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Systematic (IUPAC) name
Clinical data
Trade names Daivobex, Dovobex, Sorilux
AHFS/ monograph
MedlinePlus a608018
  • AU: B3
  • US: C (Risk not ruled out)
Legal status
Routes of
Pharmacokinetic data
Bioavailability 5 to 6%
Metabolism Hepatic
Excretion Biliary
CAS Number 112965-21-6 YesY
ATC code D05AX02
PubChem CID: 5288783
DrugBank DB02300 YesY
ChemSpider 4450880 YesY
UNII 143NQ3779B YesY
KEGG D01125 YesY
ChEBI CHEBI:50749 YesY
Chemical data
Formula C27H40O3
Molecular mass 412.605 g/mol
 N (what is this?)  (verify)

Calcipotriol (INN) or calcipotriene (USAN) is a synthetic derivative of calcitriol, a form of vitamin D. It is used in the treatment of psoriasis, marketed under the trade name "Dovonex" in the United States, "Daivonex" outside of North America, and "Psorcutan" in Germany. This medication is safe for long-term application in psoriatic skin conditions.

Medical uses[edit]

Chronic plaque psoriasis is the chief medical use of calcipotriol.[1] It has also been used successfully in the treatment of alopecia areata.[2]


Hypersensitivity, use on face, hypercalcaemia, or evidence of vitamin D toxicity are the only contraindications for calcipotriol use.[3]

Cautions include exposure to excessive natural or artificial light, due to the potential for calcipotriol to cause photosensitivity.[3]

Adverse effects[edit]

Adverse effects by frequency:[1][3][4][5]

Very common (> 10% frequency)
  • Burning
  • Itchiness
  • Skin irritation
Common (1–10% frequency)
Uncommon (0.1–1% frequency)
Rare (< 0.1% frequency)


No drug interactions are known.[3]


Mechanism of action[edit]

The efficacy of calcipotriol in the treatment of psoriasis was first noticed by the observation of patients receiving various forms of vitamin D in an osteoporosis study. Unexpectedly, some patients who also suffered from psoriasis experienced dramatic reductions in lesion counts.[6]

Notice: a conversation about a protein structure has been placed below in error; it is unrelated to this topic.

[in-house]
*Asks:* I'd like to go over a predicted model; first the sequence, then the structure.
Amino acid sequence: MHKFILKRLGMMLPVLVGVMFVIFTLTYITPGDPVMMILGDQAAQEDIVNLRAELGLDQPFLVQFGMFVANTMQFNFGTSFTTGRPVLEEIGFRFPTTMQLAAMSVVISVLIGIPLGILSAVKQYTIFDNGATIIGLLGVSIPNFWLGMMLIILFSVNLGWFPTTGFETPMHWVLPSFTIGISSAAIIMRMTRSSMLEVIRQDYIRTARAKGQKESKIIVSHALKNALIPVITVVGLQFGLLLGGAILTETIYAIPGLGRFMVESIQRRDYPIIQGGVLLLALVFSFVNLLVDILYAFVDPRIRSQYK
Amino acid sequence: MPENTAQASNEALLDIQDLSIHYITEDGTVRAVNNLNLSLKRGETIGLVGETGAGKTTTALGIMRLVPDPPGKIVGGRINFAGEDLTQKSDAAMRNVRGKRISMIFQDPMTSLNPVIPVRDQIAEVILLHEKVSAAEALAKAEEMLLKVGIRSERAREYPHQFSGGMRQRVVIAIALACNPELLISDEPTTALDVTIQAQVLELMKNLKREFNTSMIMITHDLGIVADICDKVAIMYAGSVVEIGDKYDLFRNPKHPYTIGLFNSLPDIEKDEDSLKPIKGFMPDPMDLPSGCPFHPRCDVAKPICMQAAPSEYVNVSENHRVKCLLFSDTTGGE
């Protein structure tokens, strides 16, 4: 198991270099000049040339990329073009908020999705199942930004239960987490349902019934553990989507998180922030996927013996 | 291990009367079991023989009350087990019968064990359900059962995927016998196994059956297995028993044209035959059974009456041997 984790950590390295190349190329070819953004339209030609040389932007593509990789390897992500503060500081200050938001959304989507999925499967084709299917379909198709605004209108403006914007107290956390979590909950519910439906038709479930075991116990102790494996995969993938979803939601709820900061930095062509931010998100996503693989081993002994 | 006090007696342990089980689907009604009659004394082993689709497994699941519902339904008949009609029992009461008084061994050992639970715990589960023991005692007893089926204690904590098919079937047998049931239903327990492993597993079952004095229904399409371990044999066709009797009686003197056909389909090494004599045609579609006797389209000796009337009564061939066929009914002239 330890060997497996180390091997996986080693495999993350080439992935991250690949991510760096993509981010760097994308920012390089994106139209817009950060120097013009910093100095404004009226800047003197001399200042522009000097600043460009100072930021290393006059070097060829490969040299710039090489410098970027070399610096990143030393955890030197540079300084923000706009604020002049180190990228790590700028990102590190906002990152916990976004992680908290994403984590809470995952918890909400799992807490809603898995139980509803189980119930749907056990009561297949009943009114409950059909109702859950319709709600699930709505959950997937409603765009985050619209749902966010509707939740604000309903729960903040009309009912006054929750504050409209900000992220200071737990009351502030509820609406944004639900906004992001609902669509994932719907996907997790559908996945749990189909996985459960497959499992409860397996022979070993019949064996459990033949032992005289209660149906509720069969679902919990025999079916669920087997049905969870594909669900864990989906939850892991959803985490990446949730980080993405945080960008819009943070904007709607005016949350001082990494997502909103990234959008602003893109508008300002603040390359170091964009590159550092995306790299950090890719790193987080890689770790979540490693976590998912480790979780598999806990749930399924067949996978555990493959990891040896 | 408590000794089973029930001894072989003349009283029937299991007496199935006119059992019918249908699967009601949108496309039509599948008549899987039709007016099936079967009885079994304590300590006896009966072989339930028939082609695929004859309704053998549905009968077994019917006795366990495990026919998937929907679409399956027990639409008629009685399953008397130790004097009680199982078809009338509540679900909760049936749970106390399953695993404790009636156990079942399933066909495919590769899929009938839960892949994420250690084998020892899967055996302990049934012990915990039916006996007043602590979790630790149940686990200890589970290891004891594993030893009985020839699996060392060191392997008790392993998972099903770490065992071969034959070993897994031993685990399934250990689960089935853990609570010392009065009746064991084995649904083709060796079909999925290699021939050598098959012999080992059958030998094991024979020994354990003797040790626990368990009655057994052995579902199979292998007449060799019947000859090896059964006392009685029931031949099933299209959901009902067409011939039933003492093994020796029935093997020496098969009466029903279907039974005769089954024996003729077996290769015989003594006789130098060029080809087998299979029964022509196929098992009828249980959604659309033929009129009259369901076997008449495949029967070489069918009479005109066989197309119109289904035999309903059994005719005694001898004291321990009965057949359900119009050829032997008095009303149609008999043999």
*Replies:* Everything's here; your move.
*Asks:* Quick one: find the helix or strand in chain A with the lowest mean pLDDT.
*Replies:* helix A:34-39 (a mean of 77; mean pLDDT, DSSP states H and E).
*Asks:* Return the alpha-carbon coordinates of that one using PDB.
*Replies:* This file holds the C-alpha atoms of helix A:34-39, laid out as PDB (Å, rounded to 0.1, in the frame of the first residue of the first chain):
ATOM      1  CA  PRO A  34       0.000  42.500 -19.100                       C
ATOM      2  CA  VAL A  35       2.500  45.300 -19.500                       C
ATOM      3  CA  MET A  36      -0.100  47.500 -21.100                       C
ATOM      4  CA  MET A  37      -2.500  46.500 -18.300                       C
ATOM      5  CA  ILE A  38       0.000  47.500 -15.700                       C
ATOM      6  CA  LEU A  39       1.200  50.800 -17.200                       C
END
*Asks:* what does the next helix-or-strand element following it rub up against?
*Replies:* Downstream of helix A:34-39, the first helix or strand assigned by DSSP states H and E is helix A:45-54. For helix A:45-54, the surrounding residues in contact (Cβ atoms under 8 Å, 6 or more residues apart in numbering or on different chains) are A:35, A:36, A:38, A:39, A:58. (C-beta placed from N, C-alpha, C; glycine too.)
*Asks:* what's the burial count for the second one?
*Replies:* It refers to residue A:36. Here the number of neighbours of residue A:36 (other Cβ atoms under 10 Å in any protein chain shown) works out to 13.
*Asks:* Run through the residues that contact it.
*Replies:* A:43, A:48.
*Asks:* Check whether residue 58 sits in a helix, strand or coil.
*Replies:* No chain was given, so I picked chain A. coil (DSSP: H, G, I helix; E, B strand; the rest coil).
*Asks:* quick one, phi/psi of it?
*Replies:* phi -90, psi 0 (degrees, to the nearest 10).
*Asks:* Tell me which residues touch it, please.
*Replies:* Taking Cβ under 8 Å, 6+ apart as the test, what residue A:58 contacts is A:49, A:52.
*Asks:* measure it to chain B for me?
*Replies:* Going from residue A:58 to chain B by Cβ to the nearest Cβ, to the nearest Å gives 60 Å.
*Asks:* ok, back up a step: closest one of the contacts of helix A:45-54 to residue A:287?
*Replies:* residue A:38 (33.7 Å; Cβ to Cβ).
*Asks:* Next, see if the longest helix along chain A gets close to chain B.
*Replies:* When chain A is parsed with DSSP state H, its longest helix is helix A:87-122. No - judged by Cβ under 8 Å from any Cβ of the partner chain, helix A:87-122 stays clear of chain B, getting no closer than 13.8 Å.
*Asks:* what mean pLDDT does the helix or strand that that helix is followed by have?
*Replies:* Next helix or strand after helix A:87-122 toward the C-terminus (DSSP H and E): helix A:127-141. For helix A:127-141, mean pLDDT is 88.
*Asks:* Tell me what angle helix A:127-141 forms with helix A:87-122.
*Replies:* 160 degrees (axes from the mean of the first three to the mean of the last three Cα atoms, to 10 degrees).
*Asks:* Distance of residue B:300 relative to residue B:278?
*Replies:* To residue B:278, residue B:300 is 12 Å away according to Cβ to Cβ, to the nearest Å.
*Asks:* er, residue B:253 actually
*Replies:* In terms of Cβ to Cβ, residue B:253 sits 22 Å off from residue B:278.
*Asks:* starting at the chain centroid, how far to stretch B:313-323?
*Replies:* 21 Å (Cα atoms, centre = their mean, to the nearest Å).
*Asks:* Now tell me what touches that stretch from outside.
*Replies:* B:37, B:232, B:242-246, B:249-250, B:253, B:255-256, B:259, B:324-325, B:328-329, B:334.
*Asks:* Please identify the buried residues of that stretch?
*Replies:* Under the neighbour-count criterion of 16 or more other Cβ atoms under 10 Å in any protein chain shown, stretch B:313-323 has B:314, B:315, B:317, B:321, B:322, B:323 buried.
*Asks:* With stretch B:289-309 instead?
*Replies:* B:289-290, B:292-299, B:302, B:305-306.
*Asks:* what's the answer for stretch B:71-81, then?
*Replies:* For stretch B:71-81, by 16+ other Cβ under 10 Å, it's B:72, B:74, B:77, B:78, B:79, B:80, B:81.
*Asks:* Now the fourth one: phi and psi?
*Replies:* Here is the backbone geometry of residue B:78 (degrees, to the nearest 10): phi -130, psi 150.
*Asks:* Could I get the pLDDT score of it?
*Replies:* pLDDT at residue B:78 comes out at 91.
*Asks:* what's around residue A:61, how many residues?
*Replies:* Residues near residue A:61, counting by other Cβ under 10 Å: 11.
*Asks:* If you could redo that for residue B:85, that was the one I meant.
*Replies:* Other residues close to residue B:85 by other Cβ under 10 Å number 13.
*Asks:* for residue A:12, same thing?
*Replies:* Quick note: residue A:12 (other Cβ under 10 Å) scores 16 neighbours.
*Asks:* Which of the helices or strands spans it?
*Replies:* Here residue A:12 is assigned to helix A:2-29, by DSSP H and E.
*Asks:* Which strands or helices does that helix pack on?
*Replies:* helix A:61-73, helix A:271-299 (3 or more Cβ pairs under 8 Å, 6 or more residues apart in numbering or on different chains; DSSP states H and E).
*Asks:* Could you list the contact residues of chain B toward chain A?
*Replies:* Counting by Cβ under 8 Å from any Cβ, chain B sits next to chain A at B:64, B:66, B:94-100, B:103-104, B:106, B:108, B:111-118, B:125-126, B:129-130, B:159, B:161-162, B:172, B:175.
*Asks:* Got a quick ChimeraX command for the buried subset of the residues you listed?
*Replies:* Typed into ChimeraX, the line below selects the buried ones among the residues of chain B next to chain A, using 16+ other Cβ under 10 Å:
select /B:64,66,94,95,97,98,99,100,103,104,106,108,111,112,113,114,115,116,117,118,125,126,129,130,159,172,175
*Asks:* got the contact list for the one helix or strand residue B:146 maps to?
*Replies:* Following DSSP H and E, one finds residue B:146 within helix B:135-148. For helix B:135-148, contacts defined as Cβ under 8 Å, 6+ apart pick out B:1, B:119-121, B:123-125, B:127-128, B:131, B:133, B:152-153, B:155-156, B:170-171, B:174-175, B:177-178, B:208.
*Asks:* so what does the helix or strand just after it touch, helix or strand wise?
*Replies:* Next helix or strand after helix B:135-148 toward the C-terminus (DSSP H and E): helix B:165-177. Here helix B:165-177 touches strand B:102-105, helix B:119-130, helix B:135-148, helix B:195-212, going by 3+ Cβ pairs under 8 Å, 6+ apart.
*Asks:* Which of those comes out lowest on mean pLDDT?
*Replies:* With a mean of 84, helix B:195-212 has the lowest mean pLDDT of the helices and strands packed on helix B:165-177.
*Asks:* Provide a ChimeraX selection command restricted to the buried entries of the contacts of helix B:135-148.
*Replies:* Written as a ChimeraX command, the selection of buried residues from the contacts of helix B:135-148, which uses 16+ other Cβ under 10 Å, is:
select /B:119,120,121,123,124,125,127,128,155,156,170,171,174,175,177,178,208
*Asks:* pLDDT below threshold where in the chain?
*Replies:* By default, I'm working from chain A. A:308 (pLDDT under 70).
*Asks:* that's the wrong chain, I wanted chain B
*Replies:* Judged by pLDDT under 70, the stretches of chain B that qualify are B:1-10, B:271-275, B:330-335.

The precise mechanism of calcipotriol in remitting psoriasis is not well understood. However, it has been shown to have comparable affinity with calcitriol for the vitamin D receptor (VDR), while being less than 1% as active as the calcitriol in regulating calcium metabolism. The vitamin D receptor belongs to the steroid/thyroid receptor superfamily, and is found on the cells of many different tissues including the thyroid, bone, kidney, and T cells of the immune system. T cells are known to play a role in psoriasis, and it is thought that the binding of calcipotriol to the VDR modulates the T cells gene transcription of cell differentiation and proliferation related genes.


After application and systemic uptake, calcipotriol undergoes rapid hepatic metabolism. Calcipotriol is metabolized to MC1046 (the α,β−unsaturated ketone analog), which is subsequently metabolized to its primary metabolite, the saturated ketone analog MC1080. MC1080 is then slowly metabolized to calcitroic acid.[7]

The metabolites of calcipotriol are less potent than the parent compound.

Physical and chemical properties[edit]

Calcipotriol is a white to almost white crystalline compound.


  1. ^ a b Rossi, S, ed. (2013). Australian Medicines Handbook (2013 ed.). Adelaide: The Australian Medicines Handbook Unit Trust. ISBN 978-0-9805790-9-3. 
  2. ^ Kim, D. H.; Lee, J. W.; Kim, I. S.; Choi, S. Y.; Lim, Y. Y.; Kim, H. M.; Kim, B. J.; Kim, M. N. (2012). "Successful Treatment of Alopecia Areata with Topical Calcipotriol". Annals of Dermatology 24 (3): 341–344. doi:10.5021/ad.2012.24.3.341. PMC 3412244. PMID 22879719. 
  3. ^ a b c d "Dovonex, Calcitrene Ointment (calcipotriene) dosing, indications, interactions, adverse effects, and more". Medscape Reference. WebMD. Retrieved 26 January 2014. 
  4. ^ "CALCIPOTRIENE (calcipotriene) solution [E. FOUGERA & CO. A division of Fougera Pharmaceuticals Inc.]". DailyMed. E. FOUGERA & CO. A division of Fougera Pharmaceuticals Inc. May 2012. Retrieved 26 January 2014. 
  5. ^ "PRODUCT INFORMATION DAIVONEX® CREAM Calcipotriol 50 microgram/g" (PDF). TGA eBusiness Services. LEO Pharma Pty Ltd. 28 April 2011. Retrieved 26 January 2014. 
  6. ^ Morimoto, S., Kumahara, Y. A patient with psoriasis cured by 1-α-hydroxyvitamin D3. Med. J. Osaka Univ., 1985, 35:51–54
  7. ^ "Enstilar (calcipotriene and betamethasone dipropionate) Foam, 0.005%/0.064% for topical use. Full Prescribing Information" (PDF). Parsippany, NJ: LEO Pharma Inc. 2015. 

External links[edit]